Binyamin Netanyahu at the Supreme Court
Binyamin Netanyahu at the Supreme Court Gili Yohanan

Prime Minister Binyamin Netanyahu made the unusual move on Sunday of taking part in a Supreme Court hearing, to defend his controversial gas deal framework against various petitions.

The deal between the Israeli government and a consortium, including US firm Noble Energy, has been criticized by those who say it overly favors the companies involved. It would bring about the development of the Leviathan gas field in the Mediterranean, described as one of the biggest recent natural gas discoveries.

In the Supreme Court hearing deputy president Judge Elyakim Rubinstein presided, together with four other judges.

Netanyahu told the judges that the current time window is critical, and that approving the gas deal now over the objections of anti-trust groups would not only provide a benefit to Israel's economy, but also to national security and Israel's position in the Middle East, as it would enable the Jewish state to sell gas.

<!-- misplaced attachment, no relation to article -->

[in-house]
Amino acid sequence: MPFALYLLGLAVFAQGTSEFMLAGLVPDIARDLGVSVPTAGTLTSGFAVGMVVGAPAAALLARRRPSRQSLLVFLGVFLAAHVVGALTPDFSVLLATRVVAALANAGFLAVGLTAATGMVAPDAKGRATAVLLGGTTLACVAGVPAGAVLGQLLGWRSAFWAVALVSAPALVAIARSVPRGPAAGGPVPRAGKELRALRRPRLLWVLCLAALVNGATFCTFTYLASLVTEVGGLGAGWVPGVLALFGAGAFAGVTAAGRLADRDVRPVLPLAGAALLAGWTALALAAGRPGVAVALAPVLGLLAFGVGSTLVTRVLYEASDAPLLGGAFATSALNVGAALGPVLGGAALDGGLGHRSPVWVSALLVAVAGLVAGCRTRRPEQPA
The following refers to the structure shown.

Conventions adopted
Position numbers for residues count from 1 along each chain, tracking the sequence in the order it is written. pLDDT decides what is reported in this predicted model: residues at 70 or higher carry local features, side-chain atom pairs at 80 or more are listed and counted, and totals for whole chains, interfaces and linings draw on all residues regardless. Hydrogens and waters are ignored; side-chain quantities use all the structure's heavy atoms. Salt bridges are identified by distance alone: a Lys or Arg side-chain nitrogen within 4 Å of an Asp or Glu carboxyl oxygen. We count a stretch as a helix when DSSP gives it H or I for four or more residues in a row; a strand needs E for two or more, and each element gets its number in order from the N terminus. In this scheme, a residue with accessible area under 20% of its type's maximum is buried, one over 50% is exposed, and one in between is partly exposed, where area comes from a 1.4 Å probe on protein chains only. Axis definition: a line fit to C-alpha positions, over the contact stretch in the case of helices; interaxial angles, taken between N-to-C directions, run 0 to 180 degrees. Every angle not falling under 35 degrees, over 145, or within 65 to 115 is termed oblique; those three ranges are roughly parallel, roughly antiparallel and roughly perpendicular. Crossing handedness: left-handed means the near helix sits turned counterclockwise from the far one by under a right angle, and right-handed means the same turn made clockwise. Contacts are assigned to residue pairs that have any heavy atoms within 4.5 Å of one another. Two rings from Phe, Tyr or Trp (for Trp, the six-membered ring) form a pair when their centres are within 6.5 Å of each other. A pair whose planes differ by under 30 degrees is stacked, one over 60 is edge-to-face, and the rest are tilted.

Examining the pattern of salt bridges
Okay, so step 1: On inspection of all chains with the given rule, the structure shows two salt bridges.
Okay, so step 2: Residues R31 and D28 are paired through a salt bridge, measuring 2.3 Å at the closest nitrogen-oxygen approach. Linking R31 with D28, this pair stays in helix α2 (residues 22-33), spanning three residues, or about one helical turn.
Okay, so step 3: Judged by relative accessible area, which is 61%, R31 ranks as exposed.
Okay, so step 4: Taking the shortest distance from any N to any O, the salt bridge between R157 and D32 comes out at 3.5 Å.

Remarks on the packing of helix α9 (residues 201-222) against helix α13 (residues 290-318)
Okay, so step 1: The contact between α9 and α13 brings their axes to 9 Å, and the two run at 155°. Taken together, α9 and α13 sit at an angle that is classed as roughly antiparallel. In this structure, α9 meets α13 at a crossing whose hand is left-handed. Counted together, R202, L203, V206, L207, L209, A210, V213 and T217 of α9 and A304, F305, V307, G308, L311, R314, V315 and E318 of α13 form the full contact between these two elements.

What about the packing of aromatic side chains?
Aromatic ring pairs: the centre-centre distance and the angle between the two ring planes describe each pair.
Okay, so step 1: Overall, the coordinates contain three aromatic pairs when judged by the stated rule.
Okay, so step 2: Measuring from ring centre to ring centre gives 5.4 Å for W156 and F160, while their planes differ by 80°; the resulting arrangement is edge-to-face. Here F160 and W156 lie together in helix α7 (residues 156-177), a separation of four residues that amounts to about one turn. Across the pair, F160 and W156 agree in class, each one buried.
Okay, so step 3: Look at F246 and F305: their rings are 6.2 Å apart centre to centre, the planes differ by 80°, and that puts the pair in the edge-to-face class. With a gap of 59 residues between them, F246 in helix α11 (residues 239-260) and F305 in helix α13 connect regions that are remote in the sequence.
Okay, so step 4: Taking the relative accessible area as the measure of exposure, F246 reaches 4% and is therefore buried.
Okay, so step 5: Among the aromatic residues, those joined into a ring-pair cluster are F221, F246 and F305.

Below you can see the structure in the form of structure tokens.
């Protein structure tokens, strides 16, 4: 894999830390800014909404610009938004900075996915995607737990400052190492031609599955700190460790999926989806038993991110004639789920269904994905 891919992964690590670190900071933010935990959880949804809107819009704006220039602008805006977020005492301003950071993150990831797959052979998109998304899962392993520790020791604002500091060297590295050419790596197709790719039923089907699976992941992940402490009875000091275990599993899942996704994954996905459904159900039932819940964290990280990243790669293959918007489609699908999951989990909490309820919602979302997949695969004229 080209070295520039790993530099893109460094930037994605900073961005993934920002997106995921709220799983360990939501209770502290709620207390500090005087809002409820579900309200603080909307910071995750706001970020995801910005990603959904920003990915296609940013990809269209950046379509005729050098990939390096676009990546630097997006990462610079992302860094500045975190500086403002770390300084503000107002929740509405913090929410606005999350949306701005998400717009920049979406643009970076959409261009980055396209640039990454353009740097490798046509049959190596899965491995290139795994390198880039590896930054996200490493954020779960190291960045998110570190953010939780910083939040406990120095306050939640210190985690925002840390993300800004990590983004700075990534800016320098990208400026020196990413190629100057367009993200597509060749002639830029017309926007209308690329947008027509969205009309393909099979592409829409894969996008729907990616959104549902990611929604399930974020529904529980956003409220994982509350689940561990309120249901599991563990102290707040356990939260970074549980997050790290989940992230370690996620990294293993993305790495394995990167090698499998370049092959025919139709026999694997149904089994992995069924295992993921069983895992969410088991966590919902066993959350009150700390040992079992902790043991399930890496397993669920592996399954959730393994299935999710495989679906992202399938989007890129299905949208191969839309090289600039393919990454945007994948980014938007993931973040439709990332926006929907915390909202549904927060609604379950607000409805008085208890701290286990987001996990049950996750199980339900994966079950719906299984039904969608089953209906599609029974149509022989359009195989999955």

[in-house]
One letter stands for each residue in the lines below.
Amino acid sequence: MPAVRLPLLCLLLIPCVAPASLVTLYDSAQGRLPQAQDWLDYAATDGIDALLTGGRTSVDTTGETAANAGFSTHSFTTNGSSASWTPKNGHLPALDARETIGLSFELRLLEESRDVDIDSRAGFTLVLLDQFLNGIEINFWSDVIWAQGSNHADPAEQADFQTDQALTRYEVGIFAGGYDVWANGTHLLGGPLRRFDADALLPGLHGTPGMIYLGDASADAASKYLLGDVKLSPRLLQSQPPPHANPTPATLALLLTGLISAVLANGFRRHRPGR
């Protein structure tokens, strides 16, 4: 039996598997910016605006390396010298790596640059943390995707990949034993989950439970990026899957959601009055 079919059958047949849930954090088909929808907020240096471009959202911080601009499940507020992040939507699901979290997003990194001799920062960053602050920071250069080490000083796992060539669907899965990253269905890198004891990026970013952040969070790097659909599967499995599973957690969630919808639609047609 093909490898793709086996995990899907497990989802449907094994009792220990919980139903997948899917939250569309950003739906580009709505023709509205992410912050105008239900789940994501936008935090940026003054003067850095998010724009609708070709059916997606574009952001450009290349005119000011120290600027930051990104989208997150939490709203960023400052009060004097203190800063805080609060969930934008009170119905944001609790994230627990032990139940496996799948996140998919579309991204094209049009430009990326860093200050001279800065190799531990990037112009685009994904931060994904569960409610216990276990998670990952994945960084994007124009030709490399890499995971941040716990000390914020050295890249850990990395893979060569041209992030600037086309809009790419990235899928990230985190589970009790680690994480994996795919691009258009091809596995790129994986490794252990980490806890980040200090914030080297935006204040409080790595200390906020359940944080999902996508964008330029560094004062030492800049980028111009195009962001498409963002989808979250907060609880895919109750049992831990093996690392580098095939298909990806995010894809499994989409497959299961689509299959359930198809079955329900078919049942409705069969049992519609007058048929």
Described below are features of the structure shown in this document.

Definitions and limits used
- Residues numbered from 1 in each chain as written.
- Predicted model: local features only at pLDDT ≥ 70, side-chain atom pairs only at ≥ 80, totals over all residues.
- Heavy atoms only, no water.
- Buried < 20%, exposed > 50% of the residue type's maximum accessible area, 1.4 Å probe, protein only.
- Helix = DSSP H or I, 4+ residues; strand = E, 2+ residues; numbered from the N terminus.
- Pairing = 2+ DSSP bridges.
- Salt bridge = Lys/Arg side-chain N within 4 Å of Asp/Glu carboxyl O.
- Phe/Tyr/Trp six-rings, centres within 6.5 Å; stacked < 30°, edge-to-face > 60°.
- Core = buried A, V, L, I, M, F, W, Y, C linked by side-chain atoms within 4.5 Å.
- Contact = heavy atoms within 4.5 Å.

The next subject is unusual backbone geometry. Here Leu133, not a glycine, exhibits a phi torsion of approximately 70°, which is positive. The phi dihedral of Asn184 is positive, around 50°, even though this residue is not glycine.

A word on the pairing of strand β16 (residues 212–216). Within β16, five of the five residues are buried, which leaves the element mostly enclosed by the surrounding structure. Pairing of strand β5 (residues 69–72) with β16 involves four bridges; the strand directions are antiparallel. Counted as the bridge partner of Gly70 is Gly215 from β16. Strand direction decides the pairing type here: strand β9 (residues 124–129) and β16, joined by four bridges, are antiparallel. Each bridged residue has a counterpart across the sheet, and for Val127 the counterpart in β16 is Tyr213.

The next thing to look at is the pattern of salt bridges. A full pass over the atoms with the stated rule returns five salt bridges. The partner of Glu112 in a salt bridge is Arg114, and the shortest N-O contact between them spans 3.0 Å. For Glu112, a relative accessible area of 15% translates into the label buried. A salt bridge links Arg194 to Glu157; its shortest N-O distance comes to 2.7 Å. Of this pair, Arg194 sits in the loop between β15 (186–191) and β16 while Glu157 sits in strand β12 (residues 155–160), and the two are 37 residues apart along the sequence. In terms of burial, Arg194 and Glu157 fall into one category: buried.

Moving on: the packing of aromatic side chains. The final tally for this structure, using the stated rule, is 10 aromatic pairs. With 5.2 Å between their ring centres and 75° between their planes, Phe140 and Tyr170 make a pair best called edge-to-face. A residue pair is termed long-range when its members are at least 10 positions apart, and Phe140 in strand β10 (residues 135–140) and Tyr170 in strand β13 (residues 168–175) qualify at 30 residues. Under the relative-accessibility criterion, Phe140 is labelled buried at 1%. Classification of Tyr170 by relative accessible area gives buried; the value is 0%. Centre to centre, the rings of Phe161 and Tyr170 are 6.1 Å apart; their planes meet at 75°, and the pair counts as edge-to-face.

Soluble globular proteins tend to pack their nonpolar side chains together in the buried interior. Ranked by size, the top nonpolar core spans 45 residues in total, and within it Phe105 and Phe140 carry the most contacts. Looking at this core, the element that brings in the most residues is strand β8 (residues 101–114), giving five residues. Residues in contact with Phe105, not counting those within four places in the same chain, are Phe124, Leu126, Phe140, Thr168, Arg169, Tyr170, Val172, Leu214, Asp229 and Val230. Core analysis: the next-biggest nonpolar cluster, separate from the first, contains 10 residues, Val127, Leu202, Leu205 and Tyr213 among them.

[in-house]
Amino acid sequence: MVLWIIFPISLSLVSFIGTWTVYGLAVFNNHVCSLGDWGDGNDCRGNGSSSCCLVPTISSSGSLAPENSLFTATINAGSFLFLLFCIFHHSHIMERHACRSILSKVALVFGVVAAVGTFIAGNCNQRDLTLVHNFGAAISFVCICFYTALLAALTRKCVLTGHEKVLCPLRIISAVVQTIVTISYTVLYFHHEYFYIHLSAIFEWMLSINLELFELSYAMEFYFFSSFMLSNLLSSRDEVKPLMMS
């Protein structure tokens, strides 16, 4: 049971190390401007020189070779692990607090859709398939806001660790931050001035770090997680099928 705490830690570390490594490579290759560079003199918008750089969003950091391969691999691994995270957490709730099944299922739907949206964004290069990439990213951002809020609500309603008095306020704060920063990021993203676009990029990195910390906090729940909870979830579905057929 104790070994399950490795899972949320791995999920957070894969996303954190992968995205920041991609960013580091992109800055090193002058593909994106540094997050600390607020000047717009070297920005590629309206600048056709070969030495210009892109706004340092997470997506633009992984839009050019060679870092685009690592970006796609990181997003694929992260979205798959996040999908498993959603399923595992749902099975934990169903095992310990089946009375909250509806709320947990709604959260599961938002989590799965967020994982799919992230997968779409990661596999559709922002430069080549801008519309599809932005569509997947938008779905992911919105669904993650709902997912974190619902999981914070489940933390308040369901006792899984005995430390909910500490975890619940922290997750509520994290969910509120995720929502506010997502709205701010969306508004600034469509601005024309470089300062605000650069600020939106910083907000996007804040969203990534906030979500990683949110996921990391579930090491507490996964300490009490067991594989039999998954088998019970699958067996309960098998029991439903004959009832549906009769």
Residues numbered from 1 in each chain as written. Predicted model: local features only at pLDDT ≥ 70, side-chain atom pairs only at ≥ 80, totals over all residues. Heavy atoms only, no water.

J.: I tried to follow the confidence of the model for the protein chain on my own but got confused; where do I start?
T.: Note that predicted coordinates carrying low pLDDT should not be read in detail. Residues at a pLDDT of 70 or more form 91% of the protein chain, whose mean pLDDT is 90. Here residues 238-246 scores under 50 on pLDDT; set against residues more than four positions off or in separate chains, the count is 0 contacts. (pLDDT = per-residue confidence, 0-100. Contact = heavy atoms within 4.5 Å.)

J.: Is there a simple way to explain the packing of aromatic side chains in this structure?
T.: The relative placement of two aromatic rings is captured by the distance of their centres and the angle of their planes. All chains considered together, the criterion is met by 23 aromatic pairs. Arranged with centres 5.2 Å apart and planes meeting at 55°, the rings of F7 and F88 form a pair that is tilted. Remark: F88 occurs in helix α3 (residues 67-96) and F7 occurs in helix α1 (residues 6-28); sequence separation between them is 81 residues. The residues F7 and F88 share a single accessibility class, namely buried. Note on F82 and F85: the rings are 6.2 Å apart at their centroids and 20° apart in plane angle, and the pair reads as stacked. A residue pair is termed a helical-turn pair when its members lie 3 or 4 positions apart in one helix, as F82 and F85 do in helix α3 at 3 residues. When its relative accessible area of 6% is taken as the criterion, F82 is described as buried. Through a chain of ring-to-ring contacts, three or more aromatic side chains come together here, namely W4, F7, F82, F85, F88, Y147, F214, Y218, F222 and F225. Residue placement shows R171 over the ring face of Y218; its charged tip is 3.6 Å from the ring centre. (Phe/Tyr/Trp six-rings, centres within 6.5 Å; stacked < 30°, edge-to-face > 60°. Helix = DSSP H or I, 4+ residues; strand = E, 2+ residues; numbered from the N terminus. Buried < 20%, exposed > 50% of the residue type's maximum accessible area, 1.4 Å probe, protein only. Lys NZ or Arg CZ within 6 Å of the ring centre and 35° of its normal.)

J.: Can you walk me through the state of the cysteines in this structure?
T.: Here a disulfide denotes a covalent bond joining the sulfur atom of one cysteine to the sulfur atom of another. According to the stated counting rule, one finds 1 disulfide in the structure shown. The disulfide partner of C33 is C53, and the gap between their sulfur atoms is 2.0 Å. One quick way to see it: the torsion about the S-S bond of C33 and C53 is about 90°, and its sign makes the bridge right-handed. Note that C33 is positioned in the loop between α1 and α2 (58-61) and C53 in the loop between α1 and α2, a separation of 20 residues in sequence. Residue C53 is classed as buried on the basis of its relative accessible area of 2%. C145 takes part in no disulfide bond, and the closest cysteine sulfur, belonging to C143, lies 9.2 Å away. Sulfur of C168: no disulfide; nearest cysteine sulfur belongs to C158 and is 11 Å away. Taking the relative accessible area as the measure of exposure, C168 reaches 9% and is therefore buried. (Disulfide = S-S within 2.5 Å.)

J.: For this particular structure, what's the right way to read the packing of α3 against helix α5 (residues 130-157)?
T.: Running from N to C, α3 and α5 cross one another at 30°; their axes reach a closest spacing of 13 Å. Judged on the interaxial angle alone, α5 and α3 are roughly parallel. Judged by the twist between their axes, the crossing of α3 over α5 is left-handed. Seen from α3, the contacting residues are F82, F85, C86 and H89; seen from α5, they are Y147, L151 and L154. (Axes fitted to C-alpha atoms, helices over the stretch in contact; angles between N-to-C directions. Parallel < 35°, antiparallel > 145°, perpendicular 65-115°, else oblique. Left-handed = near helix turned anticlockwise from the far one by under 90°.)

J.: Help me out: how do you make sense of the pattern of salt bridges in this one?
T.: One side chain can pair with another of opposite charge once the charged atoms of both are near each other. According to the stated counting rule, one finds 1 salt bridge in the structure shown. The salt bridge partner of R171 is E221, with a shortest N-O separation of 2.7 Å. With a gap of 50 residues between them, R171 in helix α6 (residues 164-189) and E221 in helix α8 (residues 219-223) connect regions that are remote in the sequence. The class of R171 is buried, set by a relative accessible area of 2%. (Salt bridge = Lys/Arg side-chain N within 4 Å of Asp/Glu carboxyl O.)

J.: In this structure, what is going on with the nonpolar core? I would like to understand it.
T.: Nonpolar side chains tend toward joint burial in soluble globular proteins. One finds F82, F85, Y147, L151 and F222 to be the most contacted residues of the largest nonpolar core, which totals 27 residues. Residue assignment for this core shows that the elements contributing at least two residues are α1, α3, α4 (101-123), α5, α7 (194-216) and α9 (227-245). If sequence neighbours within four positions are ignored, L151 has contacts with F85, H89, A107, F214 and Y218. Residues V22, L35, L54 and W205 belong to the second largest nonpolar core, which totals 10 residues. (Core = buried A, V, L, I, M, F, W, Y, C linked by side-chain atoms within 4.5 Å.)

He added that he is highly concerned over the impact any additional delay in implementing the deal may have.

The prime minister went on to argue that if the state of Israel does not begin to export gas, potential clients worldwide such as Cyprus and Greece will instead buy natural gas from enemies of Israel.

Development of the Leviathan gas field is a necessity for the energy security of the state, he emphasized. The Tamar and Leviathan fields were discovered in 2009 and 2010.

Before the hearing began, protesters outside the court tried to enter the hall, but security prevented them from interrupting the proceedings.

Israel's monopolies commission opposed an initial gas agreement between the government, Noble and its Israeli partner Delek, leading to months of further negotiations under strong political pressure. Netanyahu signed a new deal on December 17, with the companies having agreed to sell some of their other assets as part of the accord.

To sidestep anti-trust objections, Netanyahu used an obscure clause allowing the deal to be pushed through by the economy minister - a portfolio he now holds. Previous Economy Minister Aryeh Deri (Shas) resigned in November after refusing to overrule the anti-trust authorities and has since been named interior minister, a post he previously abused and spent time in jail on corruption charges.